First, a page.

However, certain factors are changing the global production landscape. The first is the global organization of production, and the second is the relationship between various sectors. Since 1990s, there has been an emergence of global and regional value chains (GVCs). These have emerged as a result of the falling transportation costs and interconnectedness owing to the information and communication technologies.

These value chains have provided opportunities to less developed economies to enter technology-intensive industries owing to segmentation of production tasks across the globe. In this scenario, China, South Korea, and Taiwan were clear winners. They used the opportunities to their advantage, and ultimately China became the “OPEC of industrial goods” in the world. However, there are several issues in this approach that warrant a serious understanding.

Pakistan needs multi-sectoral growth. It should invest in designing, implementing and evaluating industrial policy interventions.

The first issue is that transnational corporations (TNCs) command and control the GVCs. More often than not, they exploit the suppliers particularly in commodity-based GVCs. In addition, they create monopolies and entry barriers using tools like patents, quality standards, copyrights, and trademarks. Along with such barriers and controls, TNCs keep developing countries at the lower rung of unsophisticated basic processing and assembly related tasks.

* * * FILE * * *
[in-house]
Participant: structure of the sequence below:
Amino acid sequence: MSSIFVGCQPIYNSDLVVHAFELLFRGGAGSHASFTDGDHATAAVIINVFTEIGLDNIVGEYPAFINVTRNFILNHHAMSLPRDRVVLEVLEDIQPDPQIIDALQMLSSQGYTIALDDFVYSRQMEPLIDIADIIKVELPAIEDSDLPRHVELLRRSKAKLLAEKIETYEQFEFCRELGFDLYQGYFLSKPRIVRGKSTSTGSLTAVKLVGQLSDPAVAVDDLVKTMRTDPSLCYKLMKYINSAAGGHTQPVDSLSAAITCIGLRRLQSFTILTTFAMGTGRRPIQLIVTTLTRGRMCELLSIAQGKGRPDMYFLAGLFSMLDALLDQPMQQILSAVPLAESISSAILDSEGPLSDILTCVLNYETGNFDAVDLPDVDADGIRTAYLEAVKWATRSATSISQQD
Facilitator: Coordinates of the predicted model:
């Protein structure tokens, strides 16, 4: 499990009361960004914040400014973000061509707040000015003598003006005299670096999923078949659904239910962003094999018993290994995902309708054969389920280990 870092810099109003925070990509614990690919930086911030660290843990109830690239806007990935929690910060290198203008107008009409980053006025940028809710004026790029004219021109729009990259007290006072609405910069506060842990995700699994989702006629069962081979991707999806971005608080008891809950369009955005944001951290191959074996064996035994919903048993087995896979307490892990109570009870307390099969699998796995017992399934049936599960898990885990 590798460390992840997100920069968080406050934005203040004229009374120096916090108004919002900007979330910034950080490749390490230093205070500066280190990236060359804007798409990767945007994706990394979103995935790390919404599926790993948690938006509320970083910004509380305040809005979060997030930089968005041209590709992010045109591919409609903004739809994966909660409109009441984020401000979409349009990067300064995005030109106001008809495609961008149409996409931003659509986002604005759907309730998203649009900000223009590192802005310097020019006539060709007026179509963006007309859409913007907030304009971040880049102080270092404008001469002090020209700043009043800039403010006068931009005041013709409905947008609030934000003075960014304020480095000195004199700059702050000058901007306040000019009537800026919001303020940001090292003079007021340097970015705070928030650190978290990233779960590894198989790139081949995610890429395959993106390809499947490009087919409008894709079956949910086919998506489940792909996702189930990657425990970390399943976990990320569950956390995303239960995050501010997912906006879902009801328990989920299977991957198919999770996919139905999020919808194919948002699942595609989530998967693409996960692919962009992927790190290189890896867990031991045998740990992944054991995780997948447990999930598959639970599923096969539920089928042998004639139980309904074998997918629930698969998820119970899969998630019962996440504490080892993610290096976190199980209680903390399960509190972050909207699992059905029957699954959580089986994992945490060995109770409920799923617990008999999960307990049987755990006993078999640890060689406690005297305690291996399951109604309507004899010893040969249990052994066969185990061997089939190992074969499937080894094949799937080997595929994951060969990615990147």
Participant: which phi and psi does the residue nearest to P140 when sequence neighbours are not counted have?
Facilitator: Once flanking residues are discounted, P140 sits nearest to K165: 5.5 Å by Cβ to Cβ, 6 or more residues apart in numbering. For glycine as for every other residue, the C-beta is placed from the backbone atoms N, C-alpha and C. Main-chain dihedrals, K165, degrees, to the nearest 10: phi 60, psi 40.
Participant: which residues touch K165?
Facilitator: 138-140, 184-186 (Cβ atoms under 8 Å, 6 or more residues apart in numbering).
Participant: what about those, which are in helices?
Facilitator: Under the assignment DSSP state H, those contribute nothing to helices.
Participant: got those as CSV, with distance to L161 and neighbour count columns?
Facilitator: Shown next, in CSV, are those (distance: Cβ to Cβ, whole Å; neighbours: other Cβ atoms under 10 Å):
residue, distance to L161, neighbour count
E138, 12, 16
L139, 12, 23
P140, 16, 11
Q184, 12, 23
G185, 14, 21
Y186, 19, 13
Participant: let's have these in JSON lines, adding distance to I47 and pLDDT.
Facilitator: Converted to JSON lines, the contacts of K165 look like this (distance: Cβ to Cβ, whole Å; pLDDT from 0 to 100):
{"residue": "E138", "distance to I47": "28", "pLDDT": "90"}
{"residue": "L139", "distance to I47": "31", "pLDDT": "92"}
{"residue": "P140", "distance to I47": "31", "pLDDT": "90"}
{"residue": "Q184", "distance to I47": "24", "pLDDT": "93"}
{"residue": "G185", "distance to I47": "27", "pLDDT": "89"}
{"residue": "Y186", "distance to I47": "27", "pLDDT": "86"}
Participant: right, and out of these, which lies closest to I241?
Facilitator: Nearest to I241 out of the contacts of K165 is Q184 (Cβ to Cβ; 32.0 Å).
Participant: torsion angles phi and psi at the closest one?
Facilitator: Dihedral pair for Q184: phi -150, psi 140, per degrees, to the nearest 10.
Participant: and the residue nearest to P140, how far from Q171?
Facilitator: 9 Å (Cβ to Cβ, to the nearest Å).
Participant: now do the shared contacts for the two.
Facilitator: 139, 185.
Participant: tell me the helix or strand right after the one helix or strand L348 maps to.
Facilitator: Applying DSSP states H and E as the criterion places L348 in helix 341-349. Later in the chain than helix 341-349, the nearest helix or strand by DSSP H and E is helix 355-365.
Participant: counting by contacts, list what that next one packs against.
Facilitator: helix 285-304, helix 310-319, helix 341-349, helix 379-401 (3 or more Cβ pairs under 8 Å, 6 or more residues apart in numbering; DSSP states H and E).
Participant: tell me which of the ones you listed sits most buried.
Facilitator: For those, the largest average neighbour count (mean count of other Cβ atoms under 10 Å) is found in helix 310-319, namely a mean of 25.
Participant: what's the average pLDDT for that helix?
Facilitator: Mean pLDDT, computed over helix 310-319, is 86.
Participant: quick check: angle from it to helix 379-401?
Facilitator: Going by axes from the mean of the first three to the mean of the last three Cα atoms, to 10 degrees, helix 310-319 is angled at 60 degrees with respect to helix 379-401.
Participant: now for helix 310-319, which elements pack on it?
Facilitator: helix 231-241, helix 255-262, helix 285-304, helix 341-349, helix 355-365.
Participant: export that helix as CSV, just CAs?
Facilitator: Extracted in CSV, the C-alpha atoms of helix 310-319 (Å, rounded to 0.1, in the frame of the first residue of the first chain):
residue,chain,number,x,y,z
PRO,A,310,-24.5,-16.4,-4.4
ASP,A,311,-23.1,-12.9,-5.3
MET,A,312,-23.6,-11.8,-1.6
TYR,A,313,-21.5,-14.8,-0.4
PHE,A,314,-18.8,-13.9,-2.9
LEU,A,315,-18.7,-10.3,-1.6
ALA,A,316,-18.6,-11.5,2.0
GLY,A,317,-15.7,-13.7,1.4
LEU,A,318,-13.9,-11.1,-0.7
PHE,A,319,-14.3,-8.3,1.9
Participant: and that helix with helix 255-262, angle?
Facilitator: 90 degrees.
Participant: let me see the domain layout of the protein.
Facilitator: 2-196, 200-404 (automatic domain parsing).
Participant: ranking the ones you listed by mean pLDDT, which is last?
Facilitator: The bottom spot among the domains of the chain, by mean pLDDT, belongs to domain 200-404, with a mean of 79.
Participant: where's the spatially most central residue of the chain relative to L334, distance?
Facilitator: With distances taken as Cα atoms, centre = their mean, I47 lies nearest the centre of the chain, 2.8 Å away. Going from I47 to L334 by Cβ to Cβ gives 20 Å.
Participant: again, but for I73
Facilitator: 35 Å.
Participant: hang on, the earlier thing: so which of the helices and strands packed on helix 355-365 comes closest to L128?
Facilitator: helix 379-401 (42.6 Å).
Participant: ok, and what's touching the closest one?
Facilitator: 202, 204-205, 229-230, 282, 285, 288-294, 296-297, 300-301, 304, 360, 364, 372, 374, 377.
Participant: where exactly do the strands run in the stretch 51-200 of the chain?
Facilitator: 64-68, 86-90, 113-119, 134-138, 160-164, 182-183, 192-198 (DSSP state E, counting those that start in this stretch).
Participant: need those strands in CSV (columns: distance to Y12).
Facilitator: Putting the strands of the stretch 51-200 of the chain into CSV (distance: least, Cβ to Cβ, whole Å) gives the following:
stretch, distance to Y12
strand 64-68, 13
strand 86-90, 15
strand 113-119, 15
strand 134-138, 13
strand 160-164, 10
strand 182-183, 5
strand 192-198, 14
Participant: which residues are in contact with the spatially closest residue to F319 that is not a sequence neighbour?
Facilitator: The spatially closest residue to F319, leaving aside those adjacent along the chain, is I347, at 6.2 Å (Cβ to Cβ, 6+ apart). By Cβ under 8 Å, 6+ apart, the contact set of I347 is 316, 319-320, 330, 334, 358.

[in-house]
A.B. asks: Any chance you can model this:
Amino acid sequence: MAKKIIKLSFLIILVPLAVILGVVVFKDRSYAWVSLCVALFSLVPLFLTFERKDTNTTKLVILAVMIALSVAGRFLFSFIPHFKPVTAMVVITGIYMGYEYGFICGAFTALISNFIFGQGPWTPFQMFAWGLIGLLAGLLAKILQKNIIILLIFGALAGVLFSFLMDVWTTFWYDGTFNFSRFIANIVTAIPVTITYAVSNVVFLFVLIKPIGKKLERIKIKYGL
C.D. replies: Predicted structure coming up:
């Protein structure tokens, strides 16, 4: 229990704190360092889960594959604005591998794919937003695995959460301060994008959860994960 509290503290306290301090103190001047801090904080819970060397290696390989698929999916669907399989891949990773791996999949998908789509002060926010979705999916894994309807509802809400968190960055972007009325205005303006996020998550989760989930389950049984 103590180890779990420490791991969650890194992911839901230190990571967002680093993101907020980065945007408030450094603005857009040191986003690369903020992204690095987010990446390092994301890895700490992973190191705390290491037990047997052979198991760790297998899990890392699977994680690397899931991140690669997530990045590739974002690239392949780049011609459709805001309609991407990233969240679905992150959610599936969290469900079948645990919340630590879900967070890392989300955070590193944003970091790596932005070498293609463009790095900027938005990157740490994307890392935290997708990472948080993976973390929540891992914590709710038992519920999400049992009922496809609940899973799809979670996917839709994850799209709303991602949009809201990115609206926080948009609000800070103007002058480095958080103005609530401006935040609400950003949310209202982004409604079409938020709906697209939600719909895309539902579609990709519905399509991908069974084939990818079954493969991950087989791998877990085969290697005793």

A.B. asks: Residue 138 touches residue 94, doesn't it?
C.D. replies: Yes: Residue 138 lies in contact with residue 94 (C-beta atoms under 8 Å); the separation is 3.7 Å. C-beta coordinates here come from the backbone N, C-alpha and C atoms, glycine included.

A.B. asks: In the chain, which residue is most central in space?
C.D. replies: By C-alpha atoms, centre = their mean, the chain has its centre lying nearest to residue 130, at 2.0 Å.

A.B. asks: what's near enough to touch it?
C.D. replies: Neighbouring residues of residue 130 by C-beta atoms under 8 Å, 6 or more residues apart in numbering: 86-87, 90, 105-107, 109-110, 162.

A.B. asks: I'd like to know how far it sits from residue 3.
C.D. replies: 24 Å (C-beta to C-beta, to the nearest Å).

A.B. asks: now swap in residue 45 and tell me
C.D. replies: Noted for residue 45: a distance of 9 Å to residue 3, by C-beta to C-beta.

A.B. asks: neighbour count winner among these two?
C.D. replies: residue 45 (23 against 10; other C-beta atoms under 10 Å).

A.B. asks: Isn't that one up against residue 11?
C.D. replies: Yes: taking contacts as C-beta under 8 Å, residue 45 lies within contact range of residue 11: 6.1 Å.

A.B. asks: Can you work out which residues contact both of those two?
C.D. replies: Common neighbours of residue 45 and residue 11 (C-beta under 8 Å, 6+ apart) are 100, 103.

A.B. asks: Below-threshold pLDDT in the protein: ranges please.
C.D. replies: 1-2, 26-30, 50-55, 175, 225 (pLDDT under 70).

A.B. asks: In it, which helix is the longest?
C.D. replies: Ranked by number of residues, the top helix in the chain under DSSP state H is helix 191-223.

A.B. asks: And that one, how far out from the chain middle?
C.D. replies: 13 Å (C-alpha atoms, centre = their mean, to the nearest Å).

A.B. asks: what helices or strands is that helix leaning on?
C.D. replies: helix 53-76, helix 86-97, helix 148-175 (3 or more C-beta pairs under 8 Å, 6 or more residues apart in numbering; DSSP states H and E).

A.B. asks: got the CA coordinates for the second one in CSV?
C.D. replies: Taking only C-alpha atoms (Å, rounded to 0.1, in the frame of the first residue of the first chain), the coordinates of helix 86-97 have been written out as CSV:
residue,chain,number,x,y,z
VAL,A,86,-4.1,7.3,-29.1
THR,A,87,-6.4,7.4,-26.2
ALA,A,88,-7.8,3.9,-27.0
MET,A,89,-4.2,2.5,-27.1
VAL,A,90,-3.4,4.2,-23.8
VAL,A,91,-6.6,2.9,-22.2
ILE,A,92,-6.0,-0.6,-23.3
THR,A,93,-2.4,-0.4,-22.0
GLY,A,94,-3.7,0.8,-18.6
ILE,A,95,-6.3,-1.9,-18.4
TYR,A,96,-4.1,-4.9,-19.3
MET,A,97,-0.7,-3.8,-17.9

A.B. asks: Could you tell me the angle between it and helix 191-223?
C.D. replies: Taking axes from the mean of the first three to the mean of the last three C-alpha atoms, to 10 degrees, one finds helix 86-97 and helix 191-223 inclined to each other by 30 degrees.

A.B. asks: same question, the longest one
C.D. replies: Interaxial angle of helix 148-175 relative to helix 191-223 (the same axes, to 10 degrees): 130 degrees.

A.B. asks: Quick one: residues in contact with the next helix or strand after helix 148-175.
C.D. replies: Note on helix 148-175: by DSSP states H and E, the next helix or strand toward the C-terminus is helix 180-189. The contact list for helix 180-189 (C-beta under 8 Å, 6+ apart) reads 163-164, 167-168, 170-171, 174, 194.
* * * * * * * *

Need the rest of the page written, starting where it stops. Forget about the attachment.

Even the medium and large-scale production facilities are constrained and made to import capital goods i.e., machine-making machines. Deepak Nayyar has recently alluded to Chinese way of investments in Africa in which the recipient countries are lowered to the provision of raw materials rather than upgrading industrial manufacturing to benefit from GVCs.